February 28, 2002

Why Google Loves Blogs
Mike Golby points us to an article by John Hiler that tells us why.

February 27, 2002

"When you cut out the bullshit, what's left of marketing?"
Doc points us to this oldy but goody in response to the conversation on the Dvorak piece (of crap) on Cluetrain. Also, I can't go without pointing you to Cluetrain co-author Chris Locke's eloquent response to the article. Dvoraks pitiful rebutle. And RB's response.

February 26, 2002

From David Weinberger in a Fast Company Interview: Web Sites Need to Belong to the Customers
"The biggest mistake that most companies make is to think that a Web site belongs to them. Companies just don't get it. Individuals believe that the Web belongs to us. ... On the Web, companies can only control the conversation by being interesting -- and most corporations are afraid of being interesting."

"Most important, I'd avoid the temptation to think of my Web site as mine. Look at the Royal Dutch/Shell site [www.shell.com]. There, visitors can engage in online conversations on a wide range of social issues. Many of the comments are critical of the company, but Shell doesn't interfere. The company understands that it can't own the Web. In a way, that's a huge -- and rare -- leap forward."

I can't get this out of my head: "A company's web site should belong to its customers." This just makes so much sense. I think I feel a Paradigm Shift coming on. Look out!

February 22, 2002

Advertising After the Revolution
Rageboy points us to this verycool piece and this piece too on the Cluetrain list. Give yourself 10 minutes and some speakers and enjoy.

If you like those, taste these here.

February 20, 2002

Google Enhances Ad Offering
Google has made it's relevant advertising a little more relevant. Ever notice how when Google adds something to it repertoire, it's always really, really neat?

February 19, 2002

Is Advertising Dead? Adweek's Jack Feuer, Gonzo and Cluetrain
My December 3rd issue of Adweek has been sitting on top of my dresser for the past couple months folded (now permanently) to an op-ed that brings up a feeling I get reading Cluetrain and Gonzo.

The feeling is ... do exceptional advertising professionals already use the same concepts written about in Cluetrain and Gonzo? Are we just frustrated at the advertising junk which increasingly pervades our lives while not recognizing true advertising ingenuity and greatness? Because I think ingenuity and greatness in advertising is out there.

Within Reach: Looking for people, not their demographics or lifestyles. The author is Jack Feuer. (Sorry no link, Adweek doesn't keep an archive online). This is how the story goes:

Jack's revelation occured while sitting behind a Land Rover with tinted windows. The truck had a sticker most have seen: That snarling kid taking a whiz. The Land Rover and pisser sticker juxtaposed, Jack reflected. Why doesn't a lot of advertising work?

Jack writes:

Advertisers know all about fragmented media. They don't know enough about fragmented consumers .... [Advertisers] change us the same way they have changed the media.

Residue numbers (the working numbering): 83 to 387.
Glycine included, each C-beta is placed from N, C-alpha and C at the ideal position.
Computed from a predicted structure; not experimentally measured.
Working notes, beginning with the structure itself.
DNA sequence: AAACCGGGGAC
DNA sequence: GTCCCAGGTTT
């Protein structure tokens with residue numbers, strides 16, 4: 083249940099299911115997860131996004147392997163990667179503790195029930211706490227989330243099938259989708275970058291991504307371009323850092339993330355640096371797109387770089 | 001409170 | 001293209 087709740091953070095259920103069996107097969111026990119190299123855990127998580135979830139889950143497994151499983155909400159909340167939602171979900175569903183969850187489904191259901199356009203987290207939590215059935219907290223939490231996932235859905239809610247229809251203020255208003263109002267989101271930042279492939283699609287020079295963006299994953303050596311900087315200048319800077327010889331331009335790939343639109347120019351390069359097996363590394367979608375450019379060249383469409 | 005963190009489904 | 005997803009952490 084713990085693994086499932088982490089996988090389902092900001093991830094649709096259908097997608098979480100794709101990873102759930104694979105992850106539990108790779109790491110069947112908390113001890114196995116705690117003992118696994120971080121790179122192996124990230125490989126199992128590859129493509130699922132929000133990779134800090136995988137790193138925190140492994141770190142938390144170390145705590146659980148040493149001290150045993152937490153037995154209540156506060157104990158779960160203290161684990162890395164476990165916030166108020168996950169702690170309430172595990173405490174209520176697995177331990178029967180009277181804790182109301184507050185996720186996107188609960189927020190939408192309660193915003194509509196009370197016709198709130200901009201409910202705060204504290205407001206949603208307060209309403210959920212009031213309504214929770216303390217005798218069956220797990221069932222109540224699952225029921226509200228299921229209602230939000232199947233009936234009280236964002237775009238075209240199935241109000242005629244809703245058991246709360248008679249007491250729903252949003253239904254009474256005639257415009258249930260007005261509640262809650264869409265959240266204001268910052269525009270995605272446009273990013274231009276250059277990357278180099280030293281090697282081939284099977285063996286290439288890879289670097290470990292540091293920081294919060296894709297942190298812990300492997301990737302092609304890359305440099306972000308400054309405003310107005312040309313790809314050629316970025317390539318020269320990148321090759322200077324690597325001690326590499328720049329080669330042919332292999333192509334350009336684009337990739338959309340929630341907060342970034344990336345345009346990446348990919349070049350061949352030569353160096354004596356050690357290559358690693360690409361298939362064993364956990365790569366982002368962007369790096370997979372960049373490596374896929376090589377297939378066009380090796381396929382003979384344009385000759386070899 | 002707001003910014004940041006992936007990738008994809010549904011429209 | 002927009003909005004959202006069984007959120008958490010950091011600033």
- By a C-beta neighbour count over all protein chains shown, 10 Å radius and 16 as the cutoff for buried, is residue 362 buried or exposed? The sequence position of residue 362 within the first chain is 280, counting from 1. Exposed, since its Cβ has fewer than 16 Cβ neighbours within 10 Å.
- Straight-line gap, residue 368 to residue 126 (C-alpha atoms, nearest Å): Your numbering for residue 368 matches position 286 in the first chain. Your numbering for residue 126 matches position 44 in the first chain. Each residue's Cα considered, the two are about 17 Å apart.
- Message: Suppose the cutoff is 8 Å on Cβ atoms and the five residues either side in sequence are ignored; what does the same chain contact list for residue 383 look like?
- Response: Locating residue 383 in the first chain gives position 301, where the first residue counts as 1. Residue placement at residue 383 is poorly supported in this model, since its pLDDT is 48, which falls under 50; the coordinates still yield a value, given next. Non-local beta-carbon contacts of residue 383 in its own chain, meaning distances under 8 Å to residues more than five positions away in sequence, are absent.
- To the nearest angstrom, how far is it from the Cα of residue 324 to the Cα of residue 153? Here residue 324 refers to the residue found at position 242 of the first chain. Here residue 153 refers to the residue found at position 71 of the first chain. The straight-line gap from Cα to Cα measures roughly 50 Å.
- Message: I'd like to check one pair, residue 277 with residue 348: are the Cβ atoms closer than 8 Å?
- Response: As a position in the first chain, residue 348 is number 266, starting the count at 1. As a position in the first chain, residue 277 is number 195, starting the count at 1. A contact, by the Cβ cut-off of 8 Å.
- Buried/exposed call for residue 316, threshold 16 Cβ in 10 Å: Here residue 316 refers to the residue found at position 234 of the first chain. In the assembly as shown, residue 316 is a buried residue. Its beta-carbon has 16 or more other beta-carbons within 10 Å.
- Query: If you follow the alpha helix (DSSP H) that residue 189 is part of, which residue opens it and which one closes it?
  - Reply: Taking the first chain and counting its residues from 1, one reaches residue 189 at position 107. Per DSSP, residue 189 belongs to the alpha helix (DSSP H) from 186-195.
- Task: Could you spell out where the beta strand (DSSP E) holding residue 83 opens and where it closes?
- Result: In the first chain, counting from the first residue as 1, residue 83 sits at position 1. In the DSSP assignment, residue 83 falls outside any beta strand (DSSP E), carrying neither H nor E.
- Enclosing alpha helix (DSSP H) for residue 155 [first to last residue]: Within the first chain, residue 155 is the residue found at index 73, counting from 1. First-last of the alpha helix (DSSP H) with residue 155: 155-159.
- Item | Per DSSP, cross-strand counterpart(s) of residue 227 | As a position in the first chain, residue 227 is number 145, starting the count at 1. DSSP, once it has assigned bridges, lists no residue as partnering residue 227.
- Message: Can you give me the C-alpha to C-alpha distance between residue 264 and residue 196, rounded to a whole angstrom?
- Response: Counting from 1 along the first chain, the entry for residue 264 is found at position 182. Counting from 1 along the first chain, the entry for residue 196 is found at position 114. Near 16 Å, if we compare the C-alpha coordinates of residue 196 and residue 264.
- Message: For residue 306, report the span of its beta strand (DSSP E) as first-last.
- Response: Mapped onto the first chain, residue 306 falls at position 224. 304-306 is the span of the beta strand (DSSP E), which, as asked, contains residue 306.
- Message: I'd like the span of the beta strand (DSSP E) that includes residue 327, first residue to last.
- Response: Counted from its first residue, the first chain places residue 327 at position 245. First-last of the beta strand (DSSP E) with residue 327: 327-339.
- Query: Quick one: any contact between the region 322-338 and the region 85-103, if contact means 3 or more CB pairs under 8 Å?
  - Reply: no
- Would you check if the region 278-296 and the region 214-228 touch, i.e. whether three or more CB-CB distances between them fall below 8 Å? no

For sure, they recognize that we have endless choices. That we are in control of the ever-multiplying array of media we are exposed to every day. But what's needed is real insight into how that choice and control change us. [personally, for that insight I recommend reading Cluetrain and Gonzo Marketing].

They change us the same way the have changed the media. We are demassified.

This, of course, is why marketing to demographics doesn't work as efficiently anymore. But the obvious response to that--crafting media plans and creative based on lifestyles--is equally futile. Because each of us is now a market of one."

Jack gives us an example of himself. Jack's demographic makes him out to be the bar hopping type. But Jack's really a huge Buffy fan...

If you knew me as a demassified individual, as a market of one, you'd forget my penchant for dimly lit bars and bad scotch. You'd ignore the gray in my hair and the extra pounds. You'd advertise on a TV show only 12-34s are supposed to like.

All the talk about relationship marketing and one-to-one communication is just vapor, because those concepts are mostly honored in the breach.

With all the vaunted technology that advertising brings to bear, we still haven't really figured out how to reach people as individuals. How to reach them through their minds instead of their demographics or their lifestyles. Through what they care about instead of what they're supposed to care about.

Optimizers won't do it. Focus groups are mostly just exercises in creative collective lying.

And this is where I think Jack takes an interesting turn. Instead of saying, "go out and buy Gonzo Marketing to learn how to converse within the micromarketplace," he says "Perhaps media people ought to act a little more like creatives. Get out on the street. Talk to people. Pay more attention to the 'outlyers' on both ends of the tabulation charts. Barrow some account planning tricks."

Or transform "advertisers" to the real people in the corporation. Let them talk to the customers. Underwrite sites of common interest. --- alright, Jack didn't write this last part.